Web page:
July 20, 2008
Two askings, with very different results.
Number one. After moving back to California from Boston, I sent in a Lost Plate affidavit to cancel my registration. A few weeks later, I received a confirmation receipt, mailed to my new address -- but with another woman's name (Rosilyn) and vehicle (Toyota) listed on it. I called the Massachusetts RMV to untangle everything.
First, I explained the situation to the clerk in the Titles division of the RMV and asked her what needed to happen so I could get my own receipt and the other woman got hers. "I can't do anything. If that woman put your address on her form, it's not my problem."
"No. Maybe I'm not explaining myself very clearly. I have never met this woman before. She doesn't know I exist. Her name and paperwork were mistakenly sent to my house. Meanwhile, I never got my receipt. There's no reason for her to put my address on her form."
"But it's her name sent to your address, right?"
"Then the only way that would happen is if she put your address on her form. That's the only explanation."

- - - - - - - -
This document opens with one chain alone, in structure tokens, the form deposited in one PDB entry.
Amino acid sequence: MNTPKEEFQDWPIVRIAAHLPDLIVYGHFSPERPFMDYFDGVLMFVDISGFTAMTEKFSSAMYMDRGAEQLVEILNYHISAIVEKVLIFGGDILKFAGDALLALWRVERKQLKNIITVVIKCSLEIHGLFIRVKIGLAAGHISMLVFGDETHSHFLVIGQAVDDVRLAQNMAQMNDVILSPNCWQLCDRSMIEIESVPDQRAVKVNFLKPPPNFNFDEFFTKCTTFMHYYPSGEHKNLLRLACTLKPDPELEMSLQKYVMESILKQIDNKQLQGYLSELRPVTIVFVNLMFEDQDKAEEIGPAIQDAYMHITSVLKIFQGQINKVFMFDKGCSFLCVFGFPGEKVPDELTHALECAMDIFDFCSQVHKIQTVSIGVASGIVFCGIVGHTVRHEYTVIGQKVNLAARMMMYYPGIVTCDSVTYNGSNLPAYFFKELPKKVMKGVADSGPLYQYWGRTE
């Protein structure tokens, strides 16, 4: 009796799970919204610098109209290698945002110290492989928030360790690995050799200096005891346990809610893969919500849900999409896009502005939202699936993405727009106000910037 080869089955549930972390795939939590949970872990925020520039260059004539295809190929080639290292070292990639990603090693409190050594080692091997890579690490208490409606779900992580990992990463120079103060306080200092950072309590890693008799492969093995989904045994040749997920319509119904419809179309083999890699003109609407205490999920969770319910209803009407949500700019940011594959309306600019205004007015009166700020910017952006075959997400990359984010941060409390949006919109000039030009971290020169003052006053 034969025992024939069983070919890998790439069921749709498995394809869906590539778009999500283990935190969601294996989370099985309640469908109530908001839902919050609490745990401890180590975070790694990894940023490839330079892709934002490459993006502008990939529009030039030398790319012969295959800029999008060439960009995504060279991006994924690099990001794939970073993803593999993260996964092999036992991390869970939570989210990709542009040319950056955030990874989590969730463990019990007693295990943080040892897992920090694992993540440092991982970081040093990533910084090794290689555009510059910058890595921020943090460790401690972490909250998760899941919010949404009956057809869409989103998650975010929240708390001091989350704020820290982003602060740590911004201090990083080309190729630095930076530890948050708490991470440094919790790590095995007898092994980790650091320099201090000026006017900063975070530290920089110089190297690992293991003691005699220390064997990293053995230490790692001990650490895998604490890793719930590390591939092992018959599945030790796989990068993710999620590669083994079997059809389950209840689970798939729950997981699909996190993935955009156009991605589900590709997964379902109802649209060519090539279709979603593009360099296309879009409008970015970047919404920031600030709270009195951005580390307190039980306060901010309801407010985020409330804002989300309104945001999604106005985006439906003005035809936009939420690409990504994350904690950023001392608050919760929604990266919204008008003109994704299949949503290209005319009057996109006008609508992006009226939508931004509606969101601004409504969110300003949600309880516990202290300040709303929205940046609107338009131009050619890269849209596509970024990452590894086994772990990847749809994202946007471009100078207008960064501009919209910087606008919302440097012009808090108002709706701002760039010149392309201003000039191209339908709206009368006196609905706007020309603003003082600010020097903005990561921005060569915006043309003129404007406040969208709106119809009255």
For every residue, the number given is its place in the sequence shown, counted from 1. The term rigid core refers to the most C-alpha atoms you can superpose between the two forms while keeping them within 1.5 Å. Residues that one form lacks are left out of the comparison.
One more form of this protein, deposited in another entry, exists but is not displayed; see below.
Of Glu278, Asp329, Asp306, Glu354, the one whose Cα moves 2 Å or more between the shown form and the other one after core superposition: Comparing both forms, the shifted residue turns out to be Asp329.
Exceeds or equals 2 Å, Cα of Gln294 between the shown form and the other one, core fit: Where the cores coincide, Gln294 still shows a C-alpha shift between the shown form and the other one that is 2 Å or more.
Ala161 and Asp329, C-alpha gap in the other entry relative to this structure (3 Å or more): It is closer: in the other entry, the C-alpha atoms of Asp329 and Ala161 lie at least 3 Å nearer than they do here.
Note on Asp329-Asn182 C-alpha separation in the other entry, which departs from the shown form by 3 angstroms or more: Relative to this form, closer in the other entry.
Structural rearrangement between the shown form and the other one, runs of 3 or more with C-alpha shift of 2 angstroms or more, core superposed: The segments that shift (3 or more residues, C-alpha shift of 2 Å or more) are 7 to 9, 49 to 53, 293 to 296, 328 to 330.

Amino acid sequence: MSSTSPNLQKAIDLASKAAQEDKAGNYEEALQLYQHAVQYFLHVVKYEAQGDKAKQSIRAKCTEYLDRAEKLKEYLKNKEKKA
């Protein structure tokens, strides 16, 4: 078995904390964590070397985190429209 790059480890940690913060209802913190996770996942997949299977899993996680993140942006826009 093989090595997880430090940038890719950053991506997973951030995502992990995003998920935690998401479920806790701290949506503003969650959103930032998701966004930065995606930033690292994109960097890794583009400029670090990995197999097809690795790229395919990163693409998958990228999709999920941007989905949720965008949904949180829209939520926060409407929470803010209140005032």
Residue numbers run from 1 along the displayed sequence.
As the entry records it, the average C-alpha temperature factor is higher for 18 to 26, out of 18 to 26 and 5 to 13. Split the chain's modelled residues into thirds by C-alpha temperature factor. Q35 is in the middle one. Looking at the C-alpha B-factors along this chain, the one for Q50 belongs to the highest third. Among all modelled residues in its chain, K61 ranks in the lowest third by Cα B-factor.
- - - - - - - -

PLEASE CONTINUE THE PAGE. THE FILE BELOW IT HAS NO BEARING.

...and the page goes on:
"Do you mean to tell me that it's more likely that a woman who I've never met before, who doesn't even know my street or house number in a completely different state, magically conjured my address -- or maybe dug around in my trash and somehow got that address--and sent me her receipt, versus the possibility that someone in your office made a mistake and sent her form to my address?"
"Well, clearly, if it's her name and your address, then she put your address on her form."
"But she doesn't know my address. I've never met this woman before. My home is in California. Maybe I'm not being clear. Your office has misread our forms, or sent her receipt to me and vice versa. Can you please sort this out?"
"There's nothing I can do."
"Okay. Thank you very much."
GRRR. I would have slammed the phone shut, but it's a cell.
Second. Extraordinary Desserts, a lovely pastry shop a dangerously short drive away. I was there with my sister and cousin, who discovered, halfway into her white chocolate linzer torte, a minuscule gnat in her water. I said I'll ask for a new water, but she'd managed to fish it out with her teaspoon. "That's okay," she said.
But, as I'd just told her about the blog, she smiled and said, "Of course, please do ask for a new water."
Gained: incontrovertible proof that the Boston DMV is staffed by first class morons; and clean water for my cousin.